Before I get into review 13, I’d like to inform you that I’ve created a house for all of my graphic novel reviews! If you ever want to go back and see the books that I’ve reviewed, you can just click here. I will post this link at the top of each review from now on. Enjoy!
Author: Leila Abdelrazaq
Publisher: Just World Books (2015)
The immigrant tale is not one that is foreign to the people of the United States; however, as the time widens between the journey of our ancestors and the present day, it becomes easier to forget what it means to seek refuge from and in a cruel world.
We live in uncertain times. And these uncertain times often ask things of us that we can be too comfortable to address. We like to bury ourselves in our lives, phones, families…and not think about the titans that knock on the door of our small world(s).
I just finished reading Leila Abdelrazaq’s Baddawi, a graphic novel about the author Leila Abdelrazaq’s father’s quest to survive and grow during the tumultuous 1950’s and 60’s in Lebanon after his family fled Palestine. As a white American with no real connection to my cultural ancestry, it does me good to read books like this, for we all need to be reminded of real human struggle, as I was when I visited the National Civil Rights Museum in Memphis last summer. And I know that we are reminded of struggle on a daily basis in our own country, but we have been fortunate in not having the type of world crumbling around us that other countries have and had to deal with. We need to witness and attempt to understand why these types of things happen in our world. A common theme in my reviews thus far has been personal story as connection. Baddawi is yet another example of real life creating real emotion which can (and should) develop empathy. This is an exceptional book for the classroom, and I’d say it’s written for readers as young as thirteen.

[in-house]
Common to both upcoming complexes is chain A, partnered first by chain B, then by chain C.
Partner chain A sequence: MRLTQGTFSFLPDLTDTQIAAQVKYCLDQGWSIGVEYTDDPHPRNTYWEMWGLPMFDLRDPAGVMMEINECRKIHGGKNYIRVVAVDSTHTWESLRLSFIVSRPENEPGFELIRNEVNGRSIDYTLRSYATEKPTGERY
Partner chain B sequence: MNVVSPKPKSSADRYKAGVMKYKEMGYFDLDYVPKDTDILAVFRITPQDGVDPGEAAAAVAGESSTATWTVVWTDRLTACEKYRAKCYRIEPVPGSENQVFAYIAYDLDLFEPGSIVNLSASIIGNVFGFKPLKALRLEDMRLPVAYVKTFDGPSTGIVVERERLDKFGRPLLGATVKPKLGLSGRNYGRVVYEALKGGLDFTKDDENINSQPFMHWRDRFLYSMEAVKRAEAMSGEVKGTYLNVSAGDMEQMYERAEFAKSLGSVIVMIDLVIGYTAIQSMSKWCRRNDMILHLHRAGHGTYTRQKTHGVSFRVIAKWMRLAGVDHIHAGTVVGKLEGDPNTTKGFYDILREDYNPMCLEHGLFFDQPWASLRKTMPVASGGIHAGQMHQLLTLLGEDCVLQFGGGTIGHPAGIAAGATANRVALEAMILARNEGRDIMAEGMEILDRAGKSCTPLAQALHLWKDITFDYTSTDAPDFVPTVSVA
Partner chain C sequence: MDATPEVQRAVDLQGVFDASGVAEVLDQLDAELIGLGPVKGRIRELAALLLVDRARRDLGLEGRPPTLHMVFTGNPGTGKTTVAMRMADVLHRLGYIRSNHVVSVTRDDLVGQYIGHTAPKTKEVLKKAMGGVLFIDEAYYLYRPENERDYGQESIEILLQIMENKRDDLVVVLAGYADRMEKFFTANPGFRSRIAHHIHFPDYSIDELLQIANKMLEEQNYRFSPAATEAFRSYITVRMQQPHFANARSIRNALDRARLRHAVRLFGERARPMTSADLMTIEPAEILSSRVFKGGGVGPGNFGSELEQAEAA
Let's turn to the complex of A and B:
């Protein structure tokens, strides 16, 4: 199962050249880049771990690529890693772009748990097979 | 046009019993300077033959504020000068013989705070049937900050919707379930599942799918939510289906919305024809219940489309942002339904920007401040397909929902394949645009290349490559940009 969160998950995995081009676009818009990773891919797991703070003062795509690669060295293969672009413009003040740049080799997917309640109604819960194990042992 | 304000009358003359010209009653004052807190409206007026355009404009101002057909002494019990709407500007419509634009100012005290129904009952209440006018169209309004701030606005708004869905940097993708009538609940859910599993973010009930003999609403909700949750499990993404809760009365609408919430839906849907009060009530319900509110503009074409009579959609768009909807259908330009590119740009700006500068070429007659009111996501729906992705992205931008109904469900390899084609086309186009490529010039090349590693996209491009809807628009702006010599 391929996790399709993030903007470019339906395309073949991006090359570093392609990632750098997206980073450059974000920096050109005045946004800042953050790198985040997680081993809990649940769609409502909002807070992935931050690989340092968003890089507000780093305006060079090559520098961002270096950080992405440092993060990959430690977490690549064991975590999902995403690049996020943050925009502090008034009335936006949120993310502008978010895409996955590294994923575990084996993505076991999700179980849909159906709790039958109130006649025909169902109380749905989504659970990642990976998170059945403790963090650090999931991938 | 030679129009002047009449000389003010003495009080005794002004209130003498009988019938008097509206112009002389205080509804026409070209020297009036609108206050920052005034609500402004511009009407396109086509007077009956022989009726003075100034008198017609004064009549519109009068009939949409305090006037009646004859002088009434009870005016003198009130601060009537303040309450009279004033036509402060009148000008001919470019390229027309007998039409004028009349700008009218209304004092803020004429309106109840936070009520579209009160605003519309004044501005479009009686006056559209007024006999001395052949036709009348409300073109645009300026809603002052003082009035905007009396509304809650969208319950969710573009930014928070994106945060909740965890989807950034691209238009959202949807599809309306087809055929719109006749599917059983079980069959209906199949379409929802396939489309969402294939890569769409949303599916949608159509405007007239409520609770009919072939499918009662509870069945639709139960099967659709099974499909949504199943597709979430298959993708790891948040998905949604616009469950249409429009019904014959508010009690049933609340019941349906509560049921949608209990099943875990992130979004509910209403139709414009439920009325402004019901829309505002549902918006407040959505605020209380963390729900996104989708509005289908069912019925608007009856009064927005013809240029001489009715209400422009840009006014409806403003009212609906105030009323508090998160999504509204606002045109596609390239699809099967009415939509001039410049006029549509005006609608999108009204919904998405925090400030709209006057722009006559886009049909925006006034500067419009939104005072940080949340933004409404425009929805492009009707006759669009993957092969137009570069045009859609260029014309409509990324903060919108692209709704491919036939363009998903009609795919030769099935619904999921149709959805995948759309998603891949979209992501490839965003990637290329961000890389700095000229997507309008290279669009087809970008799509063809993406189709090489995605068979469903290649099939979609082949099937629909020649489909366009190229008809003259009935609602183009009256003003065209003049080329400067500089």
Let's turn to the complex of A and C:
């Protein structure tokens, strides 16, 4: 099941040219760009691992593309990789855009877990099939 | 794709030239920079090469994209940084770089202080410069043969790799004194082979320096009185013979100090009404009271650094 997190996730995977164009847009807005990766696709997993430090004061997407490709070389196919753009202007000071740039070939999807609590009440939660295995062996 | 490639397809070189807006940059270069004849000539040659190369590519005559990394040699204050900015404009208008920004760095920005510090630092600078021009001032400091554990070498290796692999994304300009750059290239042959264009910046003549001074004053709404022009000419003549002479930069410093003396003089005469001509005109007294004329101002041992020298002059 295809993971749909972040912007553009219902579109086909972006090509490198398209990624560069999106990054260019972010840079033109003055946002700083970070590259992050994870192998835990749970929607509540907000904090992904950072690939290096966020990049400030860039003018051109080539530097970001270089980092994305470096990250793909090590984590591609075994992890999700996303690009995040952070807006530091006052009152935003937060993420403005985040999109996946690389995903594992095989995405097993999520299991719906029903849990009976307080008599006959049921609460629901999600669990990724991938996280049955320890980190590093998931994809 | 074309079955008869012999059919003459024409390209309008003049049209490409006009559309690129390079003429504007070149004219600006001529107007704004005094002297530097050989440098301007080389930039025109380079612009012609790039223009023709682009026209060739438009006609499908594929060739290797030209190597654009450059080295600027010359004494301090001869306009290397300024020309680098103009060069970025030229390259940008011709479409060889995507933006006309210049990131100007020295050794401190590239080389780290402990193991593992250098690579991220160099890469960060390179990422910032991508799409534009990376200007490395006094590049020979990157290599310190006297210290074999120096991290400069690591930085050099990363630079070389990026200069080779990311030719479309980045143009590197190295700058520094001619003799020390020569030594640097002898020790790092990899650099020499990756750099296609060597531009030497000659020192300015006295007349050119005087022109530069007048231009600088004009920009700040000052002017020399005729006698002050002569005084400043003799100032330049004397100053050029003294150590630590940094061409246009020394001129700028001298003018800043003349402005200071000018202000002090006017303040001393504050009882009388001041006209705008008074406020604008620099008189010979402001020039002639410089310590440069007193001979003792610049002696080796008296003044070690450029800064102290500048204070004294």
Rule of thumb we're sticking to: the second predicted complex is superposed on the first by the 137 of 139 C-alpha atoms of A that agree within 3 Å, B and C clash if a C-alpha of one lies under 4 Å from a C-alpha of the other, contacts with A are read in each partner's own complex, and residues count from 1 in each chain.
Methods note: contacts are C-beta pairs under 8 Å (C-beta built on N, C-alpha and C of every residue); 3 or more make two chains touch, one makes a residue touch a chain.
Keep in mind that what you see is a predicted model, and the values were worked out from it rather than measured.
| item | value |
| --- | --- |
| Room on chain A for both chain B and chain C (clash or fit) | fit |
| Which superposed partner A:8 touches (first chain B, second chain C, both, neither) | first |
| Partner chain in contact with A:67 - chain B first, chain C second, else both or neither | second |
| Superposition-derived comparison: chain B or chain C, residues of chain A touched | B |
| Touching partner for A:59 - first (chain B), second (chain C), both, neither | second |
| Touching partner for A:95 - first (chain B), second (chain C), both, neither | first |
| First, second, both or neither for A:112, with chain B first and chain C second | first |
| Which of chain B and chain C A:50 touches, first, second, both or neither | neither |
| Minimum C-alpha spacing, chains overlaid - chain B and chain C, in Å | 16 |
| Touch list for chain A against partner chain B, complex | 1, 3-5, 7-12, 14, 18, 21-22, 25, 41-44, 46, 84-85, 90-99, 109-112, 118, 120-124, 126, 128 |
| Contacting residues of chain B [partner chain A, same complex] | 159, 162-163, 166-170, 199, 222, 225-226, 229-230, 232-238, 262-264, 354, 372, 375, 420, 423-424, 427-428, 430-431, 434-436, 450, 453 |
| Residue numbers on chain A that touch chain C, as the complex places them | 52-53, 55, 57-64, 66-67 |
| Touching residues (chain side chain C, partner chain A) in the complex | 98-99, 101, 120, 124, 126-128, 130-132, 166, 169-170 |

The book is well constructed and emotionally powerful with real photographs in the back matter connecting the reader to actual people and locations from the story. The simplicity of the images and the black and white color scheme is reminiscent of Marjane Satrapi’s Persepolis, and while I have not read Persepolis in a while, I’d be willing to bet the two titles would blend well together in a classroom unit.
My only problem with the book is the abruptness of the ending. The book left me wanting more of Ahmad’s story. I want to know how his life unfolded in America. I wanted to hear of him developing a family of his own in the new country. I hope there is a second book coming, Leila!
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